Earlier this week, I executed a test.
You were my subjects!
This article, in my opinion, was well written, topical, and offers significant thought leadership. You were interested in it, you downloaded the white paper at an above-average rate. This is the "10" in the chart.
This article should have inspired thought, but was a complete snoozer. This is an "8" in the chart.
And then I wrote this one about Twitter --- almost no business value and not particularly well written. This one was the most popular article of the past two months, forwarded across the world in blogs and via Twitter. I received positive comments. I received hate mail. I received comments that were so inappropriate that they had to be deleted. The audience was "engaged". And I apologize if you were offended by the article --- I am speaking of Twitter from a marketing perspective, not from use of the tool for personal reasons. From a marketing perspective, we fail from time to time.
This article was a "4" in the chart.
I did this test, on purpose, to prove a point.
When we optimize on the basis of the wrong set of metrics, we evolve in a negative or mediocre direction. If my goal was to have the most subscribers and the highest level of engagement, I'd be writing satire about social media, because that riles-up the audience and gets people to read and interact.
Remember calculus? We used to talk about "local minimas". On this graph, the "catalog filter" article represents a local minima. This article is so much more important than pap about Twitter, but the metrics suggest otherwise.
Genius-level articles are few and far between. But the really good ones don't get much interaction, don't attract a lot of readers. The mediocre ones, those attract a huge audience.
This translates to e-commerce. We focus all the time on the average things, because the average things seem to work --- our metrics are calibrated to reward mediocrity. And when we try to do something excellent, the audience rebukes us. Try to innovate, try to do something wild and crazy with your homepage sometime --- watch your conversion rate plummet --- you won't make that mistake again! Our short-term metric, conversion rate, forces us toward mediocrity.
And yet, the local minima is where the excellence happens. We should all be so lucky to have a testing budget that allows us to detect strategy that can work on a long-term basis.
Now that I read this, I think I just re-invented Seth Godin's "The Dip". See, there's no original ideas left out there!
Helping CEOs Understand How Customers Interact With Advertising, Products, Brands, and Channels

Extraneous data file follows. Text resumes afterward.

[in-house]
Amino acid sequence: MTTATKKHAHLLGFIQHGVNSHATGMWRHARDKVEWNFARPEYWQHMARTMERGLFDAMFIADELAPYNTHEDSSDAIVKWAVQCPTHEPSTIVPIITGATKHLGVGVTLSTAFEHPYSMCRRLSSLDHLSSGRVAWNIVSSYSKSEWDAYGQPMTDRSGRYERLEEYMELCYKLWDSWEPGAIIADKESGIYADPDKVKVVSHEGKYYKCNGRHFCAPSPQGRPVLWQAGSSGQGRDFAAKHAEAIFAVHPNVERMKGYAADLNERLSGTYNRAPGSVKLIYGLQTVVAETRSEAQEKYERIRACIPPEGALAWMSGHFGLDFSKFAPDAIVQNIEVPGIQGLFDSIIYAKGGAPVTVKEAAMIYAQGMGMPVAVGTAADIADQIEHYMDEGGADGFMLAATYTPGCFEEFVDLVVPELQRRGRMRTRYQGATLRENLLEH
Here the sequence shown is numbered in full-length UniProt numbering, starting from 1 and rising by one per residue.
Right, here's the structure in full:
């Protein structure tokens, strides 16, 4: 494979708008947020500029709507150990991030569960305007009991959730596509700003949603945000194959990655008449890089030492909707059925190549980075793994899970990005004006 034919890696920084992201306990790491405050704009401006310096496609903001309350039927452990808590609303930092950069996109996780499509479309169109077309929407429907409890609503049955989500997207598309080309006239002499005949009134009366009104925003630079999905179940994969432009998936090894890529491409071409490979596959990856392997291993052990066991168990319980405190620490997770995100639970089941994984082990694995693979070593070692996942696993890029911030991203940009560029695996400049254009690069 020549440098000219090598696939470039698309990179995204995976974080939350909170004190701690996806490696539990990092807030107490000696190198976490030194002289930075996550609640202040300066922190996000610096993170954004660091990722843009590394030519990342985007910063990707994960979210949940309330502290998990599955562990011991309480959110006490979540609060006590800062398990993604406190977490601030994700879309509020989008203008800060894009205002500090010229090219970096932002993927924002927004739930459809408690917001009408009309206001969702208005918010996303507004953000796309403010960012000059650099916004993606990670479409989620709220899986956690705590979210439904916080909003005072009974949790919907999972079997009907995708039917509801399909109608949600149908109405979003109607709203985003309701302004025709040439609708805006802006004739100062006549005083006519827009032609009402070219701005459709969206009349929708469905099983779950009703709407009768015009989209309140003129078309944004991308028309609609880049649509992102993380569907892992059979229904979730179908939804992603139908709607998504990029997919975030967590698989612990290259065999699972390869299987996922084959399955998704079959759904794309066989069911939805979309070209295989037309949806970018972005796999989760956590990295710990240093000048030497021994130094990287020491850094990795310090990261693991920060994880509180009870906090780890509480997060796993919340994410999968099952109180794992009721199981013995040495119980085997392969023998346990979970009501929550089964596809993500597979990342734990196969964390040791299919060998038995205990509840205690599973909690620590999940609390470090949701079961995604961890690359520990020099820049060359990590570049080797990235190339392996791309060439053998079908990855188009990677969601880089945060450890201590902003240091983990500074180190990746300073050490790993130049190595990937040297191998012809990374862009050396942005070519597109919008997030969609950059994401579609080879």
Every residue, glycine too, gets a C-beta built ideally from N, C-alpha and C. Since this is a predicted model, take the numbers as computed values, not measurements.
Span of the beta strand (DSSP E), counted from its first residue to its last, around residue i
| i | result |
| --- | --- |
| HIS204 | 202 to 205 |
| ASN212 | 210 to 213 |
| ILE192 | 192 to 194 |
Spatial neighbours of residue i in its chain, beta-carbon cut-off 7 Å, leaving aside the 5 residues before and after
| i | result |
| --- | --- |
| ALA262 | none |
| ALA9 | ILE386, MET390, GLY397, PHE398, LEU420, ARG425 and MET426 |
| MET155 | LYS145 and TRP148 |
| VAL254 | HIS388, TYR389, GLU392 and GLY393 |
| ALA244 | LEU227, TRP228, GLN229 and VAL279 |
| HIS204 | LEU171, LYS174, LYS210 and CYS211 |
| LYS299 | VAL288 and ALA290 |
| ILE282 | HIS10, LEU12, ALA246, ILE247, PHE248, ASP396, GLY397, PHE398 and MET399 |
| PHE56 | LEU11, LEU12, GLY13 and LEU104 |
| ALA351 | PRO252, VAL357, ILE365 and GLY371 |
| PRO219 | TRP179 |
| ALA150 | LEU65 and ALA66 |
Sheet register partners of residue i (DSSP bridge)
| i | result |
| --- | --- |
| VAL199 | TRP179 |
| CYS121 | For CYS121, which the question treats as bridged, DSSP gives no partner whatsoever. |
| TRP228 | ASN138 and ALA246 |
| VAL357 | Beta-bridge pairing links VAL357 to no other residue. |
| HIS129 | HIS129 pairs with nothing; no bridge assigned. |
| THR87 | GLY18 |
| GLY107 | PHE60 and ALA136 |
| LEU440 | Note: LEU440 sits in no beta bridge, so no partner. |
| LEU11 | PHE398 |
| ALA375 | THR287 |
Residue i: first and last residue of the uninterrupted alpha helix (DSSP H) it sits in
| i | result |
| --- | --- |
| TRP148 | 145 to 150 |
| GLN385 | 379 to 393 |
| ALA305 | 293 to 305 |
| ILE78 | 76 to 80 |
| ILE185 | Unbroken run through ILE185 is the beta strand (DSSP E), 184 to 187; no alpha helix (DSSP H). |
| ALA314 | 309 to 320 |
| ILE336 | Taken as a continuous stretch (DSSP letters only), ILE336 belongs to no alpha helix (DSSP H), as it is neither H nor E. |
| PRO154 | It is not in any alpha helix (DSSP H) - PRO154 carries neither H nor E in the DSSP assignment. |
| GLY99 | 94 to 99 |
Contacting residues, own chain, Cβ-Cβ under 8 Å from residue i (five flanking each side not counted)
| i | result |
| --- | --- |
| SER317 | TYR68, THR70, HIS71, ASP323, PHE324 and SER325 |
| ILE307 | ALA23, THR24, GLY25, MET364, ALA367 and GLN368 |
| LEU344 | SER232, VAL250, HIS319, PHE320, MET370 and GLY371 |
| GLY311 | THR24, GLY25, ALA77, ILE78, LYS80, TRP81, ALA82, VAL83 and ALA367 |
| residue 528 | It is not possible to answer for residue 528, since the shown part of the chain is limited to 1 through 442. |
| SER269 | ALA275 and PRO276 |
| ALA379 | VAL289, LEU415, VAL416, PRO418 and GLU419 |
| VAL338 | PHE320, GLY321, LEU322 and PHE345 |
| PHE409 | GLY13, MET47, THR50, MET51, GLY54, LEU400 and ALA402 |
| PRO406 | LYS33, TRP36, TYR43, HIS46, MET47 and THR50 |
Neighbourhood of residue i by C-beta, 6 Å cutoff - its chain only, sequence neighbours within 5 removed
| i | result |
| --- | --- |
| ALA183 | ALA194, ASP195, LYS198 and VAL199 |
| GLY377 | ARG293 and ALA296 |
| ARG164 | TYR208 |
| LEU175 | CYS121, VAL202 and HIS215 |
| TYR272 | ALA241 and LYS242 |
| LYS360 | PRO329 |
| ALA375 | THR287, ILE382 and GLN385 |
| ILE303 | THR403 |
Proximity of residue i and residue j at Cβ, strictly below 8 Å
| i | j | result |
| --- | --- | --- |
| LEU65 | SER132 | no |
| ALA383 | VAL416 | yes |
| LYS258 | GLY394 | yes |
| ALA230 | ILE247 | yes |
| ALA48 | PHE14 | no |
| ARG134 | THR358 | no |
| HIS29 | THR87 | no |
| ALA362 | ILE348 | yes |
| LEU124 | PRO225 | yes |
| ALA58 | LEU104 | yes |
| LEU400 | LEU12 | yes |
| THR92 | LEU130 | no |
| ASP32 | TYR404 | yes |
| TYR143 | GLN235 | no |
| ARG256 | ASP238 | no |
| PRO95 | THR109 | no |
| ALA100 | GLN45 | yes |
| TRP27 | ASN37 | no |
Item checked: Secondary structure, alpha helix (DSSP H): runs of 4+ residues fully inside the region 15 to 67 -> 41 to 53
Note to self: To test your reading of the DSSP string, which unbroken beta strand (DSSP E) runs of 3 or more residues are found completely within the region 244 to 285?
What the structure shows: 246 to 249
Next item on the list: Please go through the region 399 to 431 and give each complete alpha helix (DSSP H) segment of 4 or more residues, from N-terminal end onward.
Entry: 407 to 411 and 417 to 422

February 18, 2009
A Test ... Local Minima ... E-Commerce
Subscribe to: Post Comments (Atom)
The Customer Has No Value
Back in the days when clients paid money to have you on campus, there were times when a CEO or Marketing Executive just wanted to "touc...
It is time to find a few smart individuals in the world of e-mail analytics and data mining! And honestly, what follows is a dataset that y...
Sometimes you think "people already know this stuff". Sometimes you realize that Google Analytics give smart analysts almost no op...
If you want to understand why clients don't trust vendors and trade journalists, read this little peach from a week ago: Direct Mail is ...
Love the post. A lot of folk engaging in some of the new media need to think harder about exactly this issue. Just curious Kevin: how do you personally judge the success of your blog?ReplyDelete
As always, I am intrigued by your thought process, and I know what you mean about what gets attention and what doesn't. I would suggest that one factor in this is also the medium itself. Blogs don't necessarily foster interaction when they are challenging and thought provoking (with the exception of great minds like Chris G). If I need to sit and think for a while about something then chances are that I will not post a comment on the blog about it, and won't Tweet it to my friends because I am not sure what I think. But at the same time I am thinking. A good example for me is Gary Angel's SEMPhonic blog. I almost never comment on his blog but it is probably the most influential web analytics blog that I read.ReplyDelete
And while we are talking about blogs, would you please consider moving this blog to Wordpress or similar so I dont have to navigate to a whole other page to comment?
Mark, I judge success by summing annual consulting dollars generated from blog subscribers, and then divide that number by the annual blog subscribers. I have a target number, and I try to make sure that I generate a metric that is always greater than that number.ReplyDelete
Michael --- thanks for your insightful comment. Sorry that you had to take a few extra steps to leave a comment via the Blogger platform. I'm at a point where the benefits from Google are too great to switch. If I move this blog to my regular URL, I'll consider a new platform.